Recent political proposals to reduce taxation — made possible by an increased appeal to state borrowing — are deepening social inequalities. The interests of the financial system are derisked, thanks to central banks’ interventions to create “safety nets,” while workers’ interests are kept unsecured and at risk. In France and in the UK, the rights of the jobless are curtailed, employee statuses are dismantled, there is increasing recourse to temp staff, and the right to strike is routinely threatened. In an official TV interview on France 2 on October 26, President Emmanuel Macron rejected the idea of putting “all wages on automatic indexation”: “We are not an administered economy; it is not the state that decides wages.”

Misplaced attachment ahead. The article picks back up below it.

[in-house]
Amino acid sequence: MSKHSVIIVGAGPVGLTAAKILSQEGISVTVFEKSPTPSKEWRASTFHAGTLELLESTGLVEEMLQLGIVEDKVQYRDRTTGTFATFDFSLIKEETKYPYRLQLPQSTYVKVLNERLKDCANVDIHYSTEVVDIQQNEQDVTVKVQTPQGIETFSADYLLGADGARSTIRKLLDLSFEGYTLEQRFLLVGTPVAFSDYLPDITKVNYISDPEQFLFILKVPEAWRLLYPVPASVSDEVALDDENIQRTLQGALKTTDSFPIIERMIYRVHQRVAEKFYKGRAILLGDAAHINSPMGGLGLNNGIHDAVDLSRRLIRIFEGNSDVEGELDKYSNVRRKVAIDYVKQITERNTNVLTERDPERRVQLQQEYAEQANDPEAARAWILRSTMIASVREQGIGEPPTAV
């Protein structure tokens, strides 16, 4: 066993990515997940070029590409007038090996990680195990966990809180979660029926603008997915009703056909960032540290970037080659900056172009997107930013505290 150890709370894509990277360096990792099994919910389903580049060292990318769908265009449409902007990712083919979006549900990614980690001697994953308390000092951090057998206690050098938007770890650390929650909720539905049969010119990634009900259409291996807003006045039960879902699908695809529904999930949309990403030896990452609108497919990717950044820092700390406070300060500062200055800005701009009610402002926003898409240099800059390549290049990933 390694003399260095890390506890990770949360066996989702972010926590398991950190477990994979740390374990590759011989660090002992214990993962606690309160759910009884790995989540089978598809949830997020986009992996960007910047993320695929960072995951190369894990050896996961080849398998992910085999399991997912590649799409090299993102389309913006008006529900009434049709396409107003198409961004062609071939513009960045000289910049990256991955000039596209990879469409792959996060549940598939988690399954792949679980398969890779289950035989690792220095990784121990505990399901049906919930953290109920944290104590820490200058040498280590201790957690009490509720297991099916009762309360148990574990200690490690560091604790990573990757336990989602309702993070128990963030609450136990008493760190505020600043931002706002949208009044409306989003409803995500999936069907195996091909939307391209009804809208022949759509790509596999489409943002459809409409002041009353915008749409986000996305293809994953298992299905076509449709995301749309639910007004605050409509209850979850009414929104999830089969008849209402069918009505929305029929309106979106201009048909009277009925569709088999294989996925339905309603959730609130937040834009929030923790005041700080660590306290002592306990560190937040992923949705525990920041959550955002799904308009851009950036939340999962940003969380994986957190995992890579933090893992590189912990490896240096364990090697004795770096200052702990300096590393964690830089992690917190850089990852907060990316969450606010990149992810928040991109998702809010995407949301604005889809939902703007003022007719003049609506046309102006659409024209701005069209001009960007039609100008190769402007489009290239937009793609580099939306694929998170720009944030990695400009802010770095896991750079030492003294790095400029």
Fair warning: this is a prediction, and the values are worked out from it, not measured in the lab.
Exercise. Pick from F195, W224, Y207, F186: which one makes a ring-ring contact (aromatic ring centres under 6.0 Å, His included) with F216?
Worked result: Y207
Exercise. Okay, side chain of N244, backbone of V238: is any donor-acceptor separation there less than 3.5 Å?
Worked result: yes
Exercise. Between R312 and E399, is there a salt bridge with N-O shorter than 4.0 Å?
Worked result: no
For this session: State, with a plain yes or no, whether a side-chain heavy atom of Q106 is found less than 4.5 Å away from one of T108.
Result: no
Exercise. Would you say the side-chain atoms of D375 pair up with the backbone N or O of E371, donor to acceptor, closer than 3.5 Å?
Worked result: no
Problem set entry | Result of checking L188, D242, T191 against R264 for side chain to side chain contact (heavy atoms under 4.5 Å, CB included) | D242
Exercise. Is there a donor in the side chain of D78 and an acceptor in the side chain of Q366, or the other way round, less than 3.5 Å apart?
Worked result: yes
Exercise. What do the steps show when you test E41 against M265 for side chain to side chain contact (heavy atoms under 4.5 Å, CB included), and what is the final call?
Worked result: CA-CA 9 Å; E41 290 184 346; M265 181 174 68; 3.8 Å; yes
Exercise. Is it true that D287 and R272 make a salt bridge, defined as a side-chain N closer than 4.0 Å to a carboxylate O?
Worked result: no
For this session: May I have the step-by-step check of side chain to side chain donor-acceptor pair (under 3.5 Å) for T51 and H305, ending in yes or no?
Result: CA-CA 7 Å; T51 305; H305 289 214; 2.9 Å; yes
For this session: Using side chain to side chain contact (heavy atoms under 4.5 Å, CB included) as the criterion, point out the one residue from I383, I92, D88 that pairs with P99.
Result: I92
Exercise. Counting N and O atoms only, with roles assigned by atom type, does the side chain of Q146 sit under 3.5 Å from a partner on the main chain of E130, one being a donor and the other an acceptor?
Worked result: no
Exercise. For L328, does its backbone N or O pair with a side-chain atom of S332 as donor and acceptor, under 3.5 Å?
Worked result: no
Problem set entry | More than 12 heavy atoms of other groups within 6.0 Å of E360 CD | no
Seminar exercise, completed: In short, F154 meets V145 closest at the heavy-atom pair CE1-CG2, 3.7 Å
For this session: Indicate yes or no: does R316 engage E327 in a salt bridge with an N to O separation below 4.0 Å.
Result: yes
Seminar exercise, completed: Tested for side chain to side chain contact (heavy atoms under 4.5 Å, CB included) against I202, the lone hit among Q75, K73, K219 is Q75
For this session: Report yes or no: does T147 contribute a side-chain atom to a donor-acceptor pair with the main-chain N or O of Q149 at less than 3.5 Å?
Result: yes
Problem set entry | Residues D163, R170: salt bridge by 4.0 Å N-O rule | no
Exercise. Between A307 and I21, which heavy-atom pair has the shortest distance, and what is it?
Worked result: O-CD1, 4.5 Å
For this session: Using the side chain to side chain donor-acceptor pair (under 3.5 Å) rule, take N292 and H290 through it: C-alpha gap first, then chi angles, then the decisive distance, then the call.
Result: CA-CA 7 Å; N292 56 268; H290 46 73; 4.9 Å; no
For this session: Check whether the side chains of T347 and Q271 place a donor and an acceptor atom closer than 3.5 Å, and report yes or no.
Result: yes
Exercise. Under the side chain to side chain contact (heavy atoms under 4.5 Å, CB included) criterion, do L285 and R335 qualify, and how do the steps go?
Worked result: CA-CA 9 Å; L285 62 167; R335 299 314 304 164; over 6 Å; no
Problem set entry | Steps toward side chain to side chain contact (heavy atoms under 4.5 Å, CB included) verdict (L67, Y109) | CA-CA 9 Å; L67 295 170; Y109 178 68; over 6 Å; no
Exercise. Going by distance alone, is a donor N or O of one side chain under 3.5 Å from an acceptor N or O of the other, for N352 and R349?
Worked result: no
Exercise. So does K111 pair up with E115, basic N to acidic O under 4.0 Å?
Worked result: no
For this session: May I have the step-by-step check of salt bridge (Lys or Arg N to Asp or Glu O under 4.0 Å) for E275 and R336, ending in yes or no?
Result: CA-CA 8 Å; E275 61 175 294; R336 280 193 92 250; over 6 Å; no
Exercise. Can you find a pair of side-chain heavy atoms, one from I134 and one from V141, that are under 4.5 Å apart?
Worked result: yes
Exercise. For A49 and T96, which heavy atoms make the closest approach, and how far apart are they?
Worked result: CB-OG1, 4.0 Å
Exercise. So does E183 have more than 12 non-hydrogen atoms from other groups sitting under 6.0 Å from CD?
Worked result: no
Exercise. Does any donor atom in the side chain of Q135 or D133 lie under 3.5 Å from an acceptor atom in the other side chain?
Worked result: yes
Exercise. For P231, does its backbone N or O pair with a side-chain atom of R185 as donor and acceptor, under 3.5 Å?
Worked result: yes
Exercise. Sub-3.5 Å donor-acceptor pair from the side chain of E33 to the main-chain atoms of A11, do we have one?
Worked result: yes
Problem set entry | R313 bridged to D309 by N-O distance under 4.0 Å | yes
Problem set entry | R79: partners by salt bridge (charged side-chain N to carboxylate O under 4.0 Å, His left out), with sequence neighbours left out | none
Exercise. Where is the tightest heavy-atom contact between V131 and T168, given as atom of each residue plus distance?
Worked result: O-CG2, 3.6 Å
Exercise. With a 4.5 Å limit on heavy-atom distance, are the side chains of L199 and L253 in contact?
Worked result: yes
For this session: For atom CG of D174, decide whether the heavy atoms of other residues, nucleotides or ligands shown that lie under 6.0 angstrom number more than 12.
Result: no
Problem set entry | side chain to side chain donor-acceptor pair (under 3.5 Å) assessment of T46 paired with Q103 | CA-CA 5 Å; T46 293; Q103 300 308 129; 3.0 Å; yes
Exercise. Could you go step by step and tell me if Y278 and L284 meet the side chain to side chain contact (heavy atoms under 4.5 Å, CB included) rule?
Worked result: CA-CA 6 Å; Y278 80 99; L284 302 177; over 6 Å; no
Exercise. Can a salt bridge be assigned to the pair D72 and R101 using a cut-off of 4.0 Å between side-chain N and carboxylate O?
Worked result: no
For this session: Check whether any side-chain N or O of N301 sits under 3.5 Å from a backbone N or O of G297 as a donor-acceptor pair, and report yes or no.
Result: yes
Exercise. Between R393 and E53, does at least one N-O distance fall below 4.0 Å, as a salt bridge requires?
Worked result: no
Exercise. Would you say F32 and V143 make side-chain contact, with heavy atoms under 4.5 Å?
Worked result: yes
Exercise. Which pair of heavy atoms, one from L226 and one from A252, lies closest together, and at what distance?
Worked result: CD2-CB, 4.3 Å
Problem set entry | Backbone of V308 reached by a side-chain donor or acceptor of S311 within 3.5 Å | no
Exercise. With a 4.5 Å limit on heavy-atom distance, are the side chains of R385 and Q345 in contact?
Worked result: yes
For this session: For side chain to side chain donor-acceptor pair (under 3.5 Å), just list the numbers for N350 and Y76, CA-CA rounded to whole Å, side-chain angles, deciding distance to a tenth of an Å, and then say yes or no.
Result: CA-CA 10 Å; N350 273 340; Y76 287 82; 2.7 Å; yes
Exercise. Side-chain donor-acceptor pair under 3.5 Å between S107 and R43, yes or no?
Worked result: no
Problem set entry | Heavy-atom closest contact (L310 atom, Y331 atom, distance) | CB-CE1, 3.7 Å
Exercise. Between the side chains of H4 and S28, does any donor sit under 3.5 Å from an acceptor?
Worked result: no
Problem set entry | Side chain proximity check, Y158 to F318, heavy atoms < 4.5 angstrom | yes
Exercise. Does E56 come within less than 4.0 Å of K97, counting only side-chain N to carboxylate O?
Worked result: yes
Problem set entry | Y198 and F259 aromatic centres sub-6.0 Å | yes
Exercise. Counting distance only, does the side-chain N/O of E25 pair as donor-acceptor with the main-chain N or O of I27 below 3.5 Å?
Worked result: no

This was a telling confession on what kind of value the financialized state can decide to maintain for bonds and financiers’ revenue, but not for workers’ incomes. The state prefers to set up tax incentives for employers to allocate tax-free bonuses to employees when “the economic cycle allows it.” The state, once again, is derisking the corporate sector while capitalists profit from tax decreases, feeding the debt-machine loop of private accumulation.

Pandora’s box has been opened once again, deciding who will be protected from inflation and who will not.